Legislation would strip workers of their rights to collectively bargain for better wages and safe conditions
DENVER, CO– Democrats on the House Business Affairs and Labor Committee today defeated union-busting legislation sponsored by Republican Representatives Tonya Van Beber and Kim Ransom. The legislation would have made it nearly impossible for workers in Colorado to collectively bargain for better conditions and wages.
“There couldn’t be a worse time to pass the anti-union legislation that Republicans brought forward today,” said Majority Leader Daneya Esgar, D-Pueblo, a strong union supporter and sponsor of the Colorado WINS legislation. “We’re here to help Colorado Build Back Stronger. These policies, which are being pushed by thriving corporations and a minority party that doesn’t care about working people, would make it nearly impossible for Coloradans to bargain for better wages and safer conditions. We’re eager to work with the minority on proposals to stimulate our economy and strengthen our workforce, but we won’t let them tear down a fundamental path to success for hardworking people.”
“Make no mistake, this bill would hurt workers when they are some of the Coloradans already hurting the most right now,” said Business Affairs and Labor Committee Vice Chair Tom Sullivan, D-Centennial, a member of the AFL-CIO Colorado Board of Directors and a union member. “Can you imagine if the workers at the meatpacking plant didn’t have a union to fight for them? During the pandemic we’ve seen more and more workers rally behind forming a union to protect themselves and their families. Unions create good paying jobs, grow our economy, and have been essential partners in keeping our economy open while keeping workers and consumers safe during this pandemic. Today, Democrats stood up for workers in the face of powerful corporate interests that will do anything to avoid paying an acceptable wage or provide safe conditions.”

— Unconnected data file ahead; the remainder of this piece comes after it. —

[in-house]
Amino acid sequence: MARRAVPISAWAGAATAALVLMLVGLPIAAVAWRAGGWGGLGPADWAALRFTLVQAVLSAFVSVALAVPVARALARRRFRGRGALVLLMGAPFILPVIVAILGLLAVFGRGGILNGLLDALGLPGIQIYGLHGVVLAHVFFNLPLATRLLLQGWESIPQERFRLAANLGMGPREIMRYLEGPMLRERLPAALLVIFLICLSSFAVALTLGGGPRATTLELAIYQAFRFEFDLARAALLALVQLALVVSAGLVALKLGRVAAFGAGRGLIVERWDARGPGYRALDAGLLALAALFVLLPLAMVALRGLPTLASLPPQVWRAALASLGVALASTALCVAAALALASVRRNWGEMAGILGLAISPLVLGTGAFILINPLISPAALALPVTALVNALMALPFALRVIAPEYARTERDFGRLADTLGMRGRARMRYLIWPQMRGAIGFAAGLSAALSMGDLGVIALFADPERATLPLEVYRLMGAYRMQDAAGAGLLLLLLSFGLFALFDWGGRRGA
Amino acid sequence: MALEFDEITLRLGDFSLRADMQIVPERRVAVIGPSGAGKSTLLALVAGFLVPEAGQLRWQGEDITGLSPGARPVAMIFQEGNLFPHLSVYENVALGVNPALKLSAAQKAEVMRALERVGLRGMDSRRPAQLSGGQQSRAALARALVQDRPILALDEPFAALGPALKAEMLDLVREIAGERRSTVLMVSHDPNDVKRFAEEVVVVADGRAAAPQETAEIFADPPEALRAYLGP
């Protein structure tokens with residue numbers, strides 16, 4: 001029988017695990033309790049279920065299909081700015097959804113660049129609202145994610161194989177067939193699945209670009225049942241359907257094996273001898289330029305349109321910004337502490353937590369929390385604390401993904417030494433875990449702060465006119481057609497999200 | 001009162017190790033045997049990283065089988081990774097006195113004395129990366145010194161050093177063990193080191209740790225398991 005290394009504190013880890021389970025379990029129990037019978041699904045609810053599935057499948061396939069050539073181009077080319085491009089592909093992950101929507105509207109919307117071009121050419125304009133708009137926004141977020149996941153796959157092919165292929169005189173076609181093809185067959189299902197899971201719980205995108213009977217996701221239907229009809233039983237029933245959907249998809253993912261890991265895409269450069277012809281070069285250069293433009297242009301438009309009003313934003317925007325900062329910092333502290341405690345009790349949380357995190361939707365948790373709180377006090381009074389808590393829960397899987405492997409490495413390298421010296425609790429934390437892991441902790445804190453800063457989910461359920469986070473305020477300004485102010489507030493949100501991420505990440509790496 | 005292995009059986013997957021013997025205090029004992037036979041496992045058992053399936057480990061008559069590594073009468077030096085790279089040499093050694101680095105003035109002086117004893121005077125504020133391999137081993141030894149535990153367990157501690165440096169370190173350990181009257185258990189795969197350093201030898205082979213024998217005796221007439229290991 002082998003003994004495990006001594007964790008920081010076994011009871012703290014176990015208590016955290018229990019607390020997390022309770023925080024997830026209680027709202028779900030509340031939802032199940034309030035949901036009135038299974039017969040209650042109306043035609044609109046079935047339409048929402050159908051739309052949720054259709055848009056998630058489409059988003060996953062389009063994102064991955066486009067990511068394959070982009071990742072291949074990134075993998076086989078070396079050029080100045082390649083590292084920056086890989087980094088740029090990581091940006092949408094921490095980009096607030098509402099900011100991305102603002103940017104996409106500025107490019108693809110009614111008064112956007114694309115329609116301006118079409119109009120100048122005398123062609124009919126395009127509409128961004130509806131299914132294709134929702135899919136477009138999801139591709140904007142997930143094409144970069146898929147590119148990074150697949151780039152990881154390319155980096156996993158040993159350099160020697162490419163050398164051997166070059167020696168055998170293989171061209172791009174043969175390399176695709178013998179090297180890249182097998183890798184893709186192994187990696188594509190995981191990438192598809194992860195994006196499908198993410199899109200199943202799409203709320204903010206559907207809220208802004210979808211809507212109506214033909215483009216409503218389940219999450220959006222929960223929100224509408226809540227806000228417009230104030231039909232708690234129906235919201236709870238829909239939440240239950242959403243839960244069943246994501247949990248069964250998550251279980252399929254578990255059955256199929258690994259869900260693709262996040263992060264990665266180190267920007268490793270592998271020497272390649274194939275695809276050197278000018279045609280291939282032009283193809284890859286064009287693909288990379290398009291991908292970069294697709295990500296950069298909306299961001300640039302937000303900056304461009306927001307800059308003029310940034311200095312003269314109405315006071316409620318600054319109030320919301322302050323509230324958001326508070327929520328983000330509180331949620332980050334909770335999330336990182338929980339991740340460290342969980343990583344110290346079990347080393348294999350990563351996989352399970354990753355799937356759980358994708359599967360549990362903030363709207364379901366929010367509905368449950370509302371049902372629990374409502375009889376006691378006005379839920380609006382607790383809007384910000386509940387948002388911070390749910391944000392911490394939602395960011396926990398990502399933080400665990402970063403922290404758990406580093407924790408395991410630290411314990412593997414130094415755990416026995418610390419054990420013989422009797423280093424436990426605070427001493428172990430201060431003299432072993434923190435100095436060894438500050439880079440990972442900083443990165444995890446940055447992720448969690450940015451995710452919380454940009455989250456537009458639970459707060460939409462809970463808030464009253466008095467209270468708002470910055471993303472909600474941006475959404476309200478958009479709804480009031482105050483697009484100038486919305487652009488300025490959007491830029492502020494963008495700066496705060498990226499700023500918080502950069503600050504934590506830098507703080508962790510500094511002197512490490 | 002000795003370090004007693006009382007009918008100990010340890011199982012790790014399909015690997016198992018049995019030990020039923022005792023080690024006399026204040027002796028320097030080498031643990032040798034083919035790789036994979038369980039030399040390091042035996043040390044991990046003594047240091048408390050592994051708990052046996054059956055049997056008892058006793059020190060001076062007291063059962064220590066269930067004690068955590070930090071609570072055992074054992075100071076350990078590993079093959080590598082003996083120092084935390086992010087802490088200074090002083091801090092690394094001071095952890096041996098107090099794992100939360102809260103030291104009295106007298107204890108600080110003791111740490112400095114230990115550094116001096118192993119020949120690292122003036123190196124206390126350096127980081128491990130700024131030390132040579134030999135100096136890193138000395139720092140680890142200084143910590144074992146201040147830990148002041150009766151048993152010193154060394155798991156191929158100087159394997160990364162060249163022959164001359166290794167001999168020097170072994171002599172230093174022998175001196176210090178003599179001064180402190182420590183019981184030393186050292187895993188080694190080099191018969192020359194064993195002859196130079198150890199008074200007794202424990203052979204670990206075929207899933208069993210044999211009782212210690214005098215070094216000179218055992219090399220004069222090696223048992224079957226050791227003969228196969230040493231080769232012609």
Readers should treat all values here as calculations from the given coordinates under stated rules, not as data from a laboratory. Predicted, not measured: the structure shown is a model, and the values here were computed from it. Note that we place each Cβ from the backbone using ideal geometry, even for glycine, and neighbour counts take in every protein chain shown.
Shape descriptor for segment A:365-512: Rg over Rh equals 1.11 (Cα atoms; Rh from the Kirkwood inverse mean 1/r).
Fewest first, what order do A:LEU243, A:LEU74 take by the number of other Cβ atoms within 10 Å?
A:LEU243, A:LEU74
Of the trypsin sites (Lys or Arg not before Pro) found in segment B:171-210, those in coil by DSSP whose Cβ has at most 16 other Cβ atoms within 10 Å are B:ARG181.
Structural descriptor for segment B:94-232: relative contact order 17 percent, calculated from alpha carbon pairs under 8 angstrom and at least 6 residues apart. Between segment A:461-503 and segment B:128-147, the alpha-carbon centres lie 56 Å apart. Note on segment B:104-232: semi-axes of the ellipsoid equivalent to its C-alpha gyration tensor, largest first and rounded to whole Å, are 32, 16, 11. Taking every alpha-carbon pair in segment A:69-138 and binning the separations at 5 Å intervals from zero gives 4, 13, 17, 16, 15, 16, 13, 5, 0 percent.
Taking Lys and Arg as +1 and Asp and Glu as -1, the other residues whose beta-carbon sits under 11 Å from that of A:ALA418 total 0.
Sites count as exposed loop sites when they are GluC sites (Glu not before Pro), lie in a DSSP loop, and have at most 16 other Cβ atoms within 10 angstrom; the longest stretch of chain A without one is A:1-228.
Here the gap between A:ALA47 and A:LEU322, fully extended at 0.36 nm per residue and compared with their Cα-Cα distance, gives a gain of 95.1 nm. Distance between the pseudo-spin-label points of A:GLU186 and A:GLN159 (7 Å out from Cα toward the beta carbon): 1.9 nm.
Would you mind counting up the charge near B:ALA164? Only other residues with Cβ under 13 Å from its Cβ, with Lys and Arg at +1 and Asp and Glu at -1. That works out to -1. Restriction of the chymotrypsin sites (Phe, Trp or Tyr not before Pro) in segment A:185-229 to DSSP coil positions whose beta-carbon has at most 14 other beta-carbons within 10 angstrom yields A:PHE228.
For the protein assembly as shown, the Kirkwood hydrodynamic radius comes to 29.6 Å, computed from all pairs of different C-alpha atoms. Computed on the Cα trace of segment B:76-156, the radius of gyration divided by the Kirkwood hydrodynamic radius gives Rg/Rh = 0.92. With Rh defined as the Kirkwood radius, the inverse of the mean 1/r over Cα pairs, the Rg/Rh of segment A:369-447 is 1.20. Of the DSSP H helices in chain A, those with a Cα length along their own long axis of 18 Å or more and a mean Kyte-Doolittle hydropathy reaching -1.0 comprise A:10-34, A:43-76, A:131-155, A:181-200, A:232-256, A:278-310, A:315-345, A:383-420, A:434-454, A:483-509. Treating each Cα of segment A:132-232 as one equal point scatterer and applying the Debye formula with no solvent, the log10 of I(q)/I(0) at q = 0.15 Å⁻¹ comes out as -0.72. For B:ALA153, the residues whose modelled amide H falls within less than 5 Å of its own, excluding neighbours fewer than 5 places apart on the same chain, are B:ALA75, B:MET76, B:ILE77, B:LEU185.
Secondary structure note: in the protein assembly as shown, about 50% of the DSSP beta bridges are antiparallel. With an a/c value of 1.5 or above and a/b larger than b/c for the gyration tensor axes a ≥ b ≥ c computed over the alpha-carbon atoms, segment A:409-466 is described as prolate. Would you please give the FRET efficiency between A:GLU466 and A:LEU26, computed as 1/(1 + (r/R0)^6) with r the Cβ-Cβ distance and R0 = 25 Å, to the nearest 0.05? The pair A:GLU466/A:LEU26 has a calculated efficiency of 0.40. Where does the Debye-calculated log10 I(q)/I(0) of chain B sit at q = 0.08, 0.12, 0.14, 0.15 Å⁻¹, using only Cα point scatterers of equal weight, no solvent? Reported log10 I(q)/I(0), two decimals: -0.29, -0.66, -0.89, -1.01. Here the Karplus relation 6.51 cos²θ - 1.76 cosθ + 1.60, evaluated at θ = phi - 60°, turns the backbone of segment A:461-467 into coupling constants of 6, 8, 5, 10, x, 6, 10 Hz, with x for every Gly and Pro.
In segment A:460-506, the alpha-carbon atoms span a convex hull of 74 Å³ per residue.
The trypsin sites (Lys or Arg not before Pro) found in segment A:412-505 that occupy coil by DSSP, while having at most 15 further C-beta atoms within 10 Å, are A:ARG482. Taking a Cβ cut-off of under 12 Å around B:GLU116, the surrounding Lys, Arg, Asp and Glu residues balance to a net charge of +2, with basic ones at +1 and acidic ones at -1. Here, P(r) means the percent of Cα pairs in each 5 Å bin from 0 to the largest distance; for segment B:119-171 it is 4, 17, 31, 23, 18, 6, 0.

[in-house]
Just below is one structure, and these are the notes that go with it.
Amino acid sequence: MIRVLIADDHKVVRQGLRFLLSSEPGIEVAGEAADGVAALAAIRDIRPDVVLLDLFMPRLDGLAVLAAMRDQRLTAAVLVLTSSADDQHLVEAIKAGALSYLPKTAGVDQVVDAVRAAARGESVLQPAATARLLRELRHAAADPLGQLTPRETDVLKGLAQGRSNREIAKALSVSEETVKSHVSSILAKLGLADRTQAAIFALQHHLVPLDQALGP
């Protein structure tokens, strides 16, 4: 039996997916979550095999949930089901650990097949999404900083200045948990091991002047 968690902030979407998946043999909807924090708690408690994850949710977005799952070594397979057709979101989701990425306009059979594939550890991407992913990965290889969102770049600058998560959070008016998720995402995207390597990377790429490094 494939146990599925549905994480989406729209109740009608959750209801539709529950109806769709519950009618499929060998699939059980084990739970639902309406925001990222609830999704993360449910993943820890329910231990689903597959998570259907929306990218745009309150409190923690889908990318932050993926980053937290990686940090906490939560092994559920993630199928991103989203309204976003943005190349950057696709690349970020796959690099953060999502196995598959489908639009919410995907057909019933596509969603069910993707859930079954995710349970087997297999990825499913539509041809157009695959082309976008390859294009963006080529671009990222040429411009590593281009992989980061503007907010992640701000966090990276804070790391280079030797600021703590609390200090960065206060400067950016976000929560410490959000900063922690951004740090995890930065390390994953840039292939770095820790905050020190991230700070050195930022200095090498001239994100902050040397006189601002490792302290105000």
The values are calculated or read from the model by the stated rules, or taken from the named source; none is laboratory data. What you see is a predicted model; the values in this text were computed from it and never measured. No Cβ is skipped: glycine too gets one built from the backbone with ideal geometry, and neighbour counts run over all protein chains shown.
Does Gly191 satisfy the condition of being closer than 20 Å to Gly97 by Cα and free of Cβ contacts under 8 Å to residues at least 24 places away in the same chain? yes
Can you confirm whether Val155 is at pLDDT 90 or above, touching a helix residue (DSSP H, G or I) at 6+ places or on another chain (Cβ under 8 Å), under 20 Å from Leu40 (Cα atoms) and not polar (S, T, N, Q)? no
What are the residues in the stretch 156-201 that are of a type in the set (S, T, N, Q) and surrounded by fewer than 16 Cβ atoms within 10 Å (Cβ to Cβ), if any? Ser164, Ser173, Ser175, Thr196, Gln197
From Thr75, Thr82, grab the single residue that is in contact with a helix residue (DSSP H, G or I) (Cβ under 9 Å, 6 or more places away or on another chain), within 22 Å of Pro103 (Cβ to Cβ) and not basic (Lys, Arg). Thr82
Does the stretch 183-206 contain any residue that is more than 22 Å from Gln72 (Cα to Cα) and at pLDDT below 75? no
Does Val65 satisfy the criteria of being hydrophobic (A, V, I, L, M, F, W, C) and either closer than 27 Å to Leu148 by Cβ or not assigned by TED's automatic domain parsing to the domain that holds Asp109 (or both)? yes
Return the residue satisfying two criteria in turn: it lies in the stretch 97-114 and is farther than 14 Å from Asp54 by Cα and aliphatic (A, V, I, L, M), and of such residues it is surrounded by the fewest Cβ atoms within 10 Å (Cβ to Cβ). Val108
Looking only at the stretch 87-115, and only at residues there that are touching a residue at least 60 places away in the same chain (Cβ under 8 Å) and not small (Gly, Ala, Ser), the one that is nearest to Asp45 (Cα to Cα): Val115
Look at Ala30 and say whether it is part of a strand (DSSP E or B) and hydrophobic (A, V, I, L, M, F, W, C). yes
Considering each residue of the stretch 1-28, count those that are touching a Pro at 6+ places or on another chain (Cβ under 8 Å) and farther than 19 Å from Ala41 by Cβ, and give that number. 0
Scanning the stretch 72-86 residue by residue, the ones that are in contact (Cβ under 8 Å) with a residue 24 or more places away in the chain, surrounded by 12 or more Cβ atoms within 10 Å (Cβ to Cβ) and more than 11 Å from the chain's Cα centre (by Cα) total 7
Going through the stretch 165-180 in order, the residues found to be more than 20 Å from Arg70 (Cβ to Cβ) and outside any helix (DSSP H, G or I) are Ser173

HB21-1049 would prohibit unions from recovering any costs for mandatory representation of non-union members in collective bargaining procedures. It would deal a death blow to unions and make it nearly impossible for them to negotiate for better wages, benefits and safer working conditions for workers. The average worker in a “Right to Work” state makes 16.6 percent less than in non-right to work states. Right to work states have higher poverty rates, higher uninsured rates, and significantly larger wage gaps between men and women.